The Michelson-Morley experiment detected no difference in the speed of light, regardless of
direction vs. the hypothesized ether wind. Although several attempts were made to explain away the experiment's results, the eventual conclusion was that the proposed ether wind must, therefore, not exist.
Answered by: Paul Walorski, B.A., Part-time Physics/Astronomy Instructor
Lord Rayleigh wrote to Michelson, urging him to repeat the experiment with greater accuracy to test these hypotheses. Michelson, with the collaboration of E. W. Morley, constructed a new interferometer with multiple mirrors and a path length about 10 times longer. This device should have given a fringe shift of about 0.4, but they observed less than 0.005 fringe. Although repeated over the next 40 years with ever greater precision and the same negative result, this 1887 experiment is pointed to as one of the experimental foundations of relativity, and earned Michelson the Nobel Prize in 1907.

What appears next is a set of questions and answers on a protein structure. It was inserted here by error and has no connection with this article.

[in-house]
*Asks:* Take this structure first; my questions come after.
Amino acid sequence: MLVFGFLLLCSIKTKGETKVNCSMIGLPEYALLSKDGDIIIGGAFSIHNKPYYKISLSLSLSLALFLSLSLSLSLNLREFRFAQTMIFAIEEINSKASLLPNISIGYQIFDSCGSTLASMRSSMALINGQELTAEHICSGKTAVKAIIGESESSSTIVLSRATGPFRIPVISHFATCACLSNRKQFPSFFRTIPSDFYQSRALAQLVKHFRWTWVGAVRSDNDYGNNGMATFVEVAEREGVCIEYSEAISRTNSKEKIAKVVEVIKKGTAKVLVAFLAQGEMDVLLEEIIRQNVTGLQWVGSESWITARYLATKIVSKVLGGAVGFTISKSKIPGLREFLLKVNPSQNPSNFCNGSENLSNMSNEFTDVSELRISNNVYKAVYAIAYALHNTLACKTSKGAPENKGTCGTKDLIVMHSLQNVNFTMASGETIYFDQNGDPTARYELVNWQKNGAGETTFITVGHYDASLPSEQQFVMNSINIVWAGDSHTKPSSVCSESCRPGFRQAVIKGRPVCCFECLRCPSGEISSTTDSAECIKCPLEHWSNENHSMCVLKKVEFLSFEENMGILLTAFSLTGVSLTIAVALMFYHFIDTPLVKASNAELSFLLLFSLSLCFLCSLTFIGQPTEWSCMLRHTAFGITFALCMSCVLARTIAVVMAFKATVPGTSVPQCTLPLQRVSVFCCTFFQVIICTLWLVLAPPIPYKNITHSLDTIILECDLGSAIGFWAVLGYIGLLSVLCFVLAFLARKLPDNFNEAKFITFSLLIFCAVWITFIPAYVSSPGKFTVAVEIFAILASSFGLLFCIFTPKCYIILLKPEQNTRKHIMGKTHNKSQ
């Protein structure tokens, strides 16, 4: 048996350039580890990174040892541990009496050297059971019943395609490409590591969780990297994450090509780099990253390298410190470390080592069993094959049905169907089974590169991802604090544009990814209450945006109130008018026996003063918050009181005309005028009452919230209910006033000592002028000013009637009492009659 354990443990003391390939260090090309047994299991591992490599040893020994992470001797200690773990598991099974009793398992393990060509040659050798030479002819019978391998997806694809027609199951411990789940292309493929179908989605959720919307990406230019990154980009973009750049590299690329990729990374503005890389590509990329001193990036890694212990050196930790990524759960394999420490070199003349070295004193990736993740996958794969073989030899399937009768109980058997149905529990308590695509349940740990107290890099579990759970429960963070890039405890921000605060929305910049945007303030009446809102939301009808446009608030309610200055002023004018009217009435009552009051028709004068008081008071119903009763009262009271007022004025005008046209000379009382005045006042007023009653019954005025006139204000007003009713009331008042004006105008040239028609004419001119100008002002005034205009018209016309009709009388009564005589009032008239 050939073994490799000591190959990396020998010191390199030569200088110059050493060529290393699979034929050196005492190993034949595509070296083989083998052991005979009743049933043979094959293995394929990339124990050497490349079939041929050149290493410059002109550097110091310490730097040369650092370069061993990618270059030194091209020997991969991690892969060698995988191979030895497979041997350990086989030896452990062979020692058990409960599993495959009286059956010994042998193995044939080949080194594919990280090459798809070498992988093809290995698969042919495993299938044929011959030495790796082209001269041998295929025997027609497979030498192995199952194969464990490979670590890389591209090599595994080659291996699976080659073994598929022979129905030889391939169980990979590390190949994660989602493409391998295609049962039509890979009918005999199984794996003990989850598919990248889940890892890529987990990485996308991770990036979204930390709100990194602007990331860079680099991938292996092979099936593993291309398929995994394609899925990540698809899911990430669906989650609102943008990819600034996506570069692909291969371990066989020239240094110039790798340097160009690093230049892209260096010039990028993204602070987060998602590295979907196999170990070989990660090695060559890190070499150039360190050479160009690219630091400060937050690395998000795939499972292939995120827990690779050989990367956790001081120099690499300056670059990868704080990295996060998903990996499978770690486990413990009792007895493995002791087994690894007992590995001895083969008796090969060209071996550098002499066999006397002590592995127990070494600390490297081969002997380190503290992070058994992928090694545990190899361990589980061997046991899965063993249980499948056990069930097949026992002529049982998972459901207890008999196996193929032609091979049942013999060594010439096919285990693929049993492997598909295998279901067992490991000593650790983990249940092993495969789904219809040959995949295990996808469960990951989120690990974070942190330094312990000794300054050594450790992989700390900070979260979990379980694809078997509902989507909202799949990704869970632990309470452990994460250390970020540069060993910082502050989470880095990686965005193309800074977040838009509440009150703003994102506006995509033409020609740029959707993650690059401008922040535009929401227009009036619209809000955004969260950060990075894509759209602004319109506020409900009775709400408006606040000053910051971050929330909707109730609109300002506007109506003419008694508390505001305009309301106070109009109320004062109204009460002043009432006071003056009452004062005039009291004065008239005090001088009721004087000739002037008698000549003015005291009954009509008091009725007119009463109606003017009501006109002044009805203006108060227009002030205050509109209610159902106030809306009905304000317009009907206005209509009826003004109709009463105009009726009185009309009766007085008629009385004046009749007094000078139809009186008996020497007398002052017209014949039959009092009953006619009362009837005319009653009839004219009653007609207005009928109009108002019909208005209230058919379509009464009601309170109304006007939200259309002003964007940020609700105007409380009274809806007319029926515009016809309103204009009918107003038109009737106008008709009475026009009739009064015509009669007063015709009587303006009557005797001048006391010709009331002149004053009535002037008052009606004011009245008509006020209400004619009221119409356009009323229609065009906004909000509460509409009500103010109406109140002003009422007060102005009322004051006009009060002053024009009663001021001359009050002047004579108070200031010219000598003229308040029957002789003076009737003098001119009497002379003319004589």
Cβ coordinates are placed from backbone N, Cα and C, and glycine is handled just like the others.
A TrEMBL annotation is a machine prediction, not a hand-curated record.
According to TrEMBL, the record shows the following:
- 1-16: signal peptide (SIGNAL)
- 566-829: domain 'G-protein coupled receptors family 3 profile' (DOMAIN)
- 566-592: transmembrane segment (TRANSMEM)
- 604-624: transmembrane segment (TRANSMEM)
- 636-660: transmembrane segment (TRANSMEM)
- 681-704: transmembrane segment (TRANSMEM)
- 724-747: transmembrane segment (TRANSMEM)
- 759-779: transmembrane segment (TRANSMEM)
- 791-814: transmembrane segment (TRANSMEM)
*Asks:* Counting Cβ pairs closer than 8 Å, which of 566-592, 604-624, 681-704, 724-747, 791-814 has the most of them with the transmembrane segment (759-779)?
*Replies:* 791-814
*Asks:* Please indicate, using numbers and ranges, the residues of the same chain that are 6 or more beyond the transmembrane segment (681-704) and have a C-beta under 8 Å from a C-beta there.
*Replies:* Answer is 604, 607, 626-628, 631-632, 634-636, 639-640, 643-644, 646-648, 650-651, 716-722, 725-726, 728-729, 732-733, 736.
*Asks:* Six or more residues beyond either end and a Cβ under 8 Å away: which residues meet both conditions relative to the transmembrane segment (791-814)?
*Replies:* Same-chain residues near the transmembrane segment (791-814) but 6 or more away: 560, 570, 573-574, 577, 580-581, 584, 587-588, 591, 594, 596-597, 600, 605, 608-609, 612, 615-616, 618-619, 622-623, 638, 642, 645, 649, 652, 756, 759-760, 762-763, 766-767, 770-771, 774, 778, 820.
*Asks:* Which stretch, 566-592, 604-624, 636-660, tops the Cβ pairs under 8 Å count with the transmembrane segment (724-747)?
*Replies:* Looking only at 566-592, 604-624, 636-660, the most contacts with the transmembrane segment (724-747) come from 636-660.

Answered by: Jason Heidecker, Physics Undergrad, Occidental College, Los Angeles
Our server costs have gone up and our advertising revenue has gone down. You do the math! If you find our site useful, consider donating to keep us going. Thanks!
'For the sake of persons of ... different types, scientific truth should be presented in different forms, and should be regarded as equally scientific, whether it appears in the robust form and the vivid coloring of a physical illustration, or in the tenuity and paleness of a symbolic expression.'
James Clerk Maxwell